Q. Why didn’t Isaac confront Jacob about stealing the blessing meant for his brother Esau?
Your question is about the account in the book of Genesis of how Isaac’s younger son Jacob tricked his father into giving him, rather than his brother Esau, the blessing that Esau should have received as the older brother. Readers in many contemporary cultures will have questions about this account because in it, the authority figure (Isaac, the father) does not act in the way we would hope and expect authority figures to act.
For one thing, as you suggest, from the perspective of many contemporary cultures, Isaac should have confronted his son about his deception and theft and corrected him. Beyond that, many contemporary readers will wonder in the first place why, when Isaac realized what had happened (“Your brother came deceitfully and took your blessing.,” he told Esau), he did not retract the blessing that Jacob had obtained fraudulently. Was it really the norm in this culture for people to be bound by their word, even if they had been led to give it under false circumstances?
Apparently so. There is a comparable account in the book of Judges of how the Gibeonites, a tribe living in the land of Canaan, deceived the Israelites into swearing an oath of peace with them by pretending to be a group that lived far from Canaan. The Israelites were supposed to destroy all of the Canaanite tribes, but when they finally learned who the Gibeonites really were, they said, “We have given them our oath by the Lord, the God of Israel, and we cannot touch them now.”
As I said, this may seem strange to many contemporary readers. We do not consider people to be bound by their word if they have made a statement under compromised circumstances. In the United States, for example, a confession can be dismissed as evidence if it can be shown that it was made under duress. What readers of the Bible may wonder most is how God could consider people to be bound by their word under such circumstances. Isn’t God fair? Why would God hold people to statements they would not have made if they had not been deceived?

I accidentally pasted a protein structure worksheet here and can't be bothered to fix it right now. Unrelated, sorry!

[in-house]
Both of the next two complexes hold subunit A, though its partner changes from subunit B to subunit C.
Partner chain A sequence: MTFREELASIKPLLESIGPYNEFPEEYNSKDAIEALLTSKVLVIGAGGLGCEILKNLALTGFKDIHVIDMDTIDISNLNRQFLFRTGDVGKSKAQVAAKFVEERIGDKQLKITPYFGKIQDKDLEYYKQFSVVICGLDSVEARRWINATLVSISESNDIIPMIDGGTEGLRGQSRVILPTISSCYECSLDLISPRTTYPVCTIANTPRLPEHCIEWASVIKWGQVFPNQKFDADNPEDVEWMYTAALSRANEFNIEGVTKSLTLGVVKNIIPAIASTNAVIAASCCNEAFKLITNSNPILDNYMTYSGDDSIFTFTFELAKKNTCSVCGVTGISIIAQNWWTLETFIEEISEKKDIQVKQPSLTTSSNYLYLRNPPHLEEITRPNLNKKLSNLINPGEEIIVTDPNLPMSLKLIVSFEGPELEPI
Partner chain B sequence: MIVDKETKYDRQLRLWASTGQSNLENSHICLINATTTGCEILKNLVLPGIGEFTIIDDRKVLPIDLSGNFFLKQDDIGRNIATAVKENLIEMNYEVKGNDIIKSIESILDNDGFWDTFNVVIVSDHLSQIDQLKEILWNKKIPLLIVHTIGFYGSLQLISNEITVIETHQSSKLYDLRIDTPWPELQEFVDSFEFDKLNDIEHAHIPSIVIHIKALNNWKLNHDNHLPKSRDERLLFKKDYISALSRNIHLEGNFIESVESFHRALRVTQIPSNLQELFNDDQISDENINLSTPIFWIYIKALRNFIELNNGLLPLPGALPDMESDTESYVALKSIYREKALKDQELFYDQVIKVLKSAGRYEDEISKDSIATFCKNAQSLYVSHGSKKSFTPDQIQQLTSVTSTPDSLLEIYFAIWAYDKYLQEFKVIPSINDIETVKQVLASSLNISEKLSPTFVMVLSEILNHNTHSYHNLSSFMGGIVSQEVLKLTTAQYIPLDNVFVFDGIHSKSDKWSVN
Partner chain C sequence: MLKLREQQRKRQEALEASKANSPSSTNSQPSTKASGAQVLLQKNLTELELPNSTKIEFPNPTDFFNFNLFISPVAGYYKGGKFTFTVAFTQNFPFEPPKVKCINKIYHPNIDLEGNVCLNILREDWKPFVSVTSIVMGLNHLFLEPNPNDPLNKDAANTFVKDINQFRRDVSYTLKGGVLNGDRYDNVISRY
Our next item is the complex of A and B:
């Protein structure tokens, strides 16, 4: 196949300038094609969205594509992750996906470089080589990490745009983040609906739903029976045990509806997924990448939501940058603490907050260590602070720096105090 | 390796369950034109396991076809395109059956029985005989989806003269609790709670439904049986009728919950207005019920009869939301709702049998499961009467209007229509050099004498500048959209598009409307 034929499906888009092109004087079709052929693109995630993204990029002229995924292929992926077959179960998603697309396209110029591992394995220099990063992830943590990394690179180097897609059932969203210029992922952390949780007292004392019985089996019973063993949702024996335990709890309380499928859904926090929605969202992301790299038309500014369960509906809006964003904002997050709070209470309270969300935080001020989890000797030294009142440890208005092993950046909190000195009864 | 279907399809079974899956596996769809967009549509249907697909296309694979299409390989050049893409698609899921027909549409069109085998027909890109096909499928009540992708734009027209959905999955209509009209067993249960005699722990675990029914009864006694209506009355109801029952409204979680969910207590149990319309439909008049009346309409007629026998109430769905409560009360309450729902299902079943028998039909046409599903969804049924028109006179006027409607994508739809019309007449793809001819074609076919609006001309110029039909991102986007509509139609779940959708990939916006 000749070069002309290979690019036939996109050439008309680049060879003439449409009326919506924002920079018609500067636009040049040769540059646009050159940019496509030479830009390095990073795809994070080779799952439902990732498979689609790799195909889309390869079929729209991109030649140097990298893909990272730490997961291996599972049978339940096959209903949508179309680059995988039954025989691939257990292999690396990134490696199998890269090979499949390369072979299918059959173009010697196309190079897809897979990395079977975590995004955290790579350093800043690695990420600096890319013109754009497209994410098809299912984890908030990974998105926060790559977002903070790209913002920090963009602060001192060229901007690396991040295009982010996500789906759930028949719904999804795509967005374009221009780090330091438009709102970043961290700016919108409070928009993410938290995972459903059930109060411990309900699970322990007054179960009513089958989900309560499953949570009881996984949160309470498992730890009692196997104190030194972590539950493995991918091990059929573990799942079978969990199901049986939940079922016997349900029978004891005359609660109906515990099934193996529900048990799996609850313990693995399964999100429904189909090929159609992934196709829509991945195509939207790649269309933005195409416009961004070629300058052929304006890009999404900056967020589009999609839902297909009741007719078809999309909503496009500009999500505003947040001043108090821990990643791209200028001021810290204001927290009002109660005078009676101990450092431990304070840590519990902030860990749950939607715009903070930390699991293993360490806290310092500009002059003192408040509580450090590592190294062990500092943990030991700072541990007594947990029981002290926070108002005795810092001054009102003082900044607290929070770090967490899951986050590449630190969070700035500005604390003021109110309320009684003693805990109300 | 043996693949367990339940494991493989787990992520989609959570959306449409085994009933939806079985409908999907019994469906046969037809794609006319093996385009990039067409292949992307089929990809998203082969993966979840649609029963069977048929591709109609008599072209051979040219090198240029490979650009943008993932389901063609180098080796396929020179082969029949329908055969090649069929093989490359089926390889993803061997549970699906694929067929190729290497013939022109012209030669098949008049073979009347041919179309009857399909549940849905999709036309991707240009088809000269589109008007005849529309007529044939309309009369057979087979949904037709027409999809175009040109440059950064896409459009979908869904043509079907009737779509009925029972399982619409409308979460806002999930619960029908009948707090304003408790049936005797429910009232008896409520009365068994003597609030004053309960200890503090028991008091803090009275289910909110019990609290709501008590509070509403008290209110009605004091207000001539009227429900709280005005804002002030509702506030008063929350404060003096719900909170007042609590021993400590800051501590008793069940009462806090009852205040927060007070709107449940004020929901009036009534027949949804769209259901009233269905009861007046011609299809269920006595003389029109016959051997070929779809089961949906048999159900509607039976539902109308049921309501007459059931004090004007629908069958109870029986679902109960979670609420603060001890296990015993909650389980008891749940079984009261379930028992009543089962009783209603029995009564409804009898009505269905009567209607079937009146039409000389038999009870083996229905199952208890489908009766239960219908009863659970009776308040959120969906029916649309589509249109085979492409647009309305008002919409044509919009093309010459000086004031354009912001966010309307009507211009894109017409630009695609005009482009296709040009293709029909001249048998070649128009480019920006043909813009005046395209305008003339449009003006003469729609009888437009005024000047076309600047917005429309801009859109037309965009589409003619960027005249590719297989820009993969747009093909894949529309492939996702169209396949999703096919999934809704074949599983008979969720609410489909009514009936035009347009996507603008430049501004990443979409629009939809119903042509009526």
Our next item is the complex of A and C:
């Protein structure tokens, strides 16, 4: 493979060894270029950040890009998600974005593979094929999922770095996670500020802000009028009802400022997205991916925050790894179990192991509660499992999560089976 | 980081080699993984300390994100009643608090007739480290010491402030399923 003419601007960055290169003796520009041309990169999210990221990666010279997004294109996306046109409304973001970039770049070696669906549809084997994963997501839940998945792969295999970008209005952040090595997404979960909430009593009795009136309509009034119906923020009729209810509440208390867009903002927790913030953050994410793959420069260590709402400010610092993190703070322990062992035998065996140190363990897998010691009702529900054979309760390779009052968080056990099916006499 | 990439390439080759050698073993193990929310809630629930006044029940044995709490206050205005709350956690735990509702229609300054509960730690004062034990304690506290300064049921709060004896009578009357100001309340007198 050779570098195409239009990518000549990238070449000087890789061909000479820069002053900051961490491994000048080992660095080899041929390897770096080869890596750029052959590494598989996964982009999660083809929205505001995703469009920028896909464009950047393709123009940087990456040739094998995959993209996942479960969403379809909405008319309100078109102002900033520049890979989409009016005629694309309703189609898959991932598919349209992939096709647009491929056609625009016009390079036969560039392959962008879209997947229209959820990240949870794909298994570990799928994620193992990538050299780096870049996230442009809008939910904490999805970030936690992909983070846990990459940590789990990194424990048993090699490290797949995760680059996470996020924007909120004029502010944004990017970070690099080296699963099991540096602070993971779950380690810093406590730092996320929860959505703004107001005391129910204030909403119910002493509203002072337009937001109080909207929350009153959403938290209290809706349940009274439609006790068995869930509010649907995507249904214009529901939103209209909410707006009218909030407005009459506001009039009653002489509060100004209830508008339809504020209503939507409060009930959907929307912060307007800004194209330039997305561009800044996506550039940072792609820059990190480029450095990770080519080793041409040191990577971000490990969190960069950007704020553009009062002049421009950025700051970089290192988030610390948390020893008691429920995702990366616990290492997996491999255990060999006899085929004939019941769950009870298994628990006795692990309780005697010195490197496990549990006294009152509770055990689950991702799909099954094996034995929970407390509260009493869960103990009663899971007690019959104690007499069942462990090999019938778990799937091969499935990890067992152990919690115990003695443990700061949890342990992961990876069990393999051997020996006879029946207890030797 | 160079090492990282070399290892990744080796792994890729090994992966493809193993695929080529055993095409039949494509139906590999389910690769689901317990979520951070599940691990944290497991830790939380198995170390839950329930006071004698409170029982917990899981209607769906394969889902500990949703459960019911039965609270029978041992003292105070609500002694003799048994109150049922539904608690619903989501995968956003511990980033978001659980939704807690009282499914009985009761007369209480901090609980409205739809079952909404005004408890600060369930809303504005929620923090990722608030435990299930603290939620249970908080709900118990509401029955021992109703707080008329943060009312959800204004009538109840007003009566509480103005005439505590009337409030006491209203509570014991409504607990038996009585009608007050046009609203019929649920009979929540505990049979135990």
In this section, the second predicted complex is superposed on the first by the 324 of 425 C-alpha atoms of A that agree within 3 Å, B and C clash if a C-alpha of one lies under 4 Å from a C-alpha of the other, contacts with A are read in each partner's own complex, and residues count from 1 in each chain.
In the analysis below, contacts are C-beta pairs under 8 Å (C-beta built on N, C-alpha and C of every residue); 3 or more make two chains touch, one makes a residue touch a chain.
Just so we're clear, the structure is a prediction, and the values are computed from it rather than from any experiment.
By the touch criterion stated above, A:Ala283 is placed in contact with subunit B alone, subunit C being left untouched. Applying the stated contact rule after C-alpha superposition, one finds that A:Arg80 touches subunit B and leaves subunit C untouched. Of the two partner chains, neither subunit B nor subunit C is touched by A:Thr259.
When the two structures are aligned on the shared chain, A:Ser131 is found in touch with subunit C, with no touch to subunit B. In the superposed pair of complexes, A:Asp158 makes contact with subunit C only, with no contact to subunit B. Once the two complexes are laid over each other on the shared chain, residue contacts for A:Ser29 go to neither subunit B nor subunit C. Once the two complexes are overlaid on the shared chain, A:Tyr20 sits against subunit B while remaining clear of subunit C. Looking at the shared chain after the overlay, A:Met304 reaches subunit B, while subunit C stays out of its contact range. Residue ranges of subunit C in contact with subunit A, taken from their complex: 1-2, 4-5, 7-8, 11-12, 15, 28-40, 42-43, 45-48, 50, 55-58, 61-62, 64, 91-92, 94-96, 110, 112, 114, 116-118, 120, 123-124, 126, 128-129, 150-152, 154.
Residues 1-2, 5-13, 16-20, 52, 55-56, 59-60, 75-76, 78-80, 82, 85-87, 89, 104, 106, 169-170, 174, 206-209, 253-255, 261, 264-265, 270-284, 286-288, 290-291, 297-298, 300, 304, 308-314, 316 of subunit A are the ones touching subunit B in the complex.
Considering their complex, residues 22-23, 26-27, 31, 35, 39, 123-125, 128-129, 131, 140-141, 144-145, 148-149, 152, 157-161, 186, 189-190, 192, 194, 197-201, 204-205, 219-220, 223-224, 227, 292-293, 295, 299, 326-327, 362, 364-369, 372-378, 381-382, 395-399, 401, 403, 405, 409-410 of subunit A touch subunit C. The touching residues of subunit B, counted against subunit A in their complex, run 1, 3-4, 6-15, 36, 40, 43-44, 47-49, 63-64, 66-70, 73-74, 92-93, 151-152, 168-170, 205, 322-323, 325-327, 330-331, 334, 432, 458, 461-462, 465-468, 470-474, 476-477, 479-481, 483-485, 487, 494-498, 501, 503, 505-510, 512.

I think the answer, as we see often in the Bible, is that God chooses to work within the conventions of human cultures to pursue his redemptive purposes. The Bible clearly disallows many cultural practices that are destructive of human flourishing. But in general, as I have said in other posts on this blog, God works out his plan through the free choices, good and bad, of human moral agents, accommodating human cultures in the process. Rather than completely setting aside the cultures humans have built, which are often for the most part positive creative achievements, God looks at a situation and says, “I can work with that.”
But this brings up an important interpretive principle: As one of my seminary professors used to say, “Narrative is not necessarily normative.” Just because Isaac, based on his own cultural norms, considered himself bound by a blessing he had given under false circumstances, that does not mean that we today should enforce the same norm. Rather, I think that based on the counsel of the Bible overall, we should only hold people to their word if it was given fully informed and with free consent.
So to answer your question, I would say that Isaac did not confront Jacob about stealing Esau’s blessing because Isaac considered it a “done deal” according to his cultural norms and there was nothing he could do about it. But we do not need to take that as a model for ourselves today. I think we should instead encourage people who have been led to give their word under false circumstances to take back what they have said and not consider themselves bound by it. And yes, they should confront the person who deceived them and impose any consequences that would be appropriate as a penalty and correction.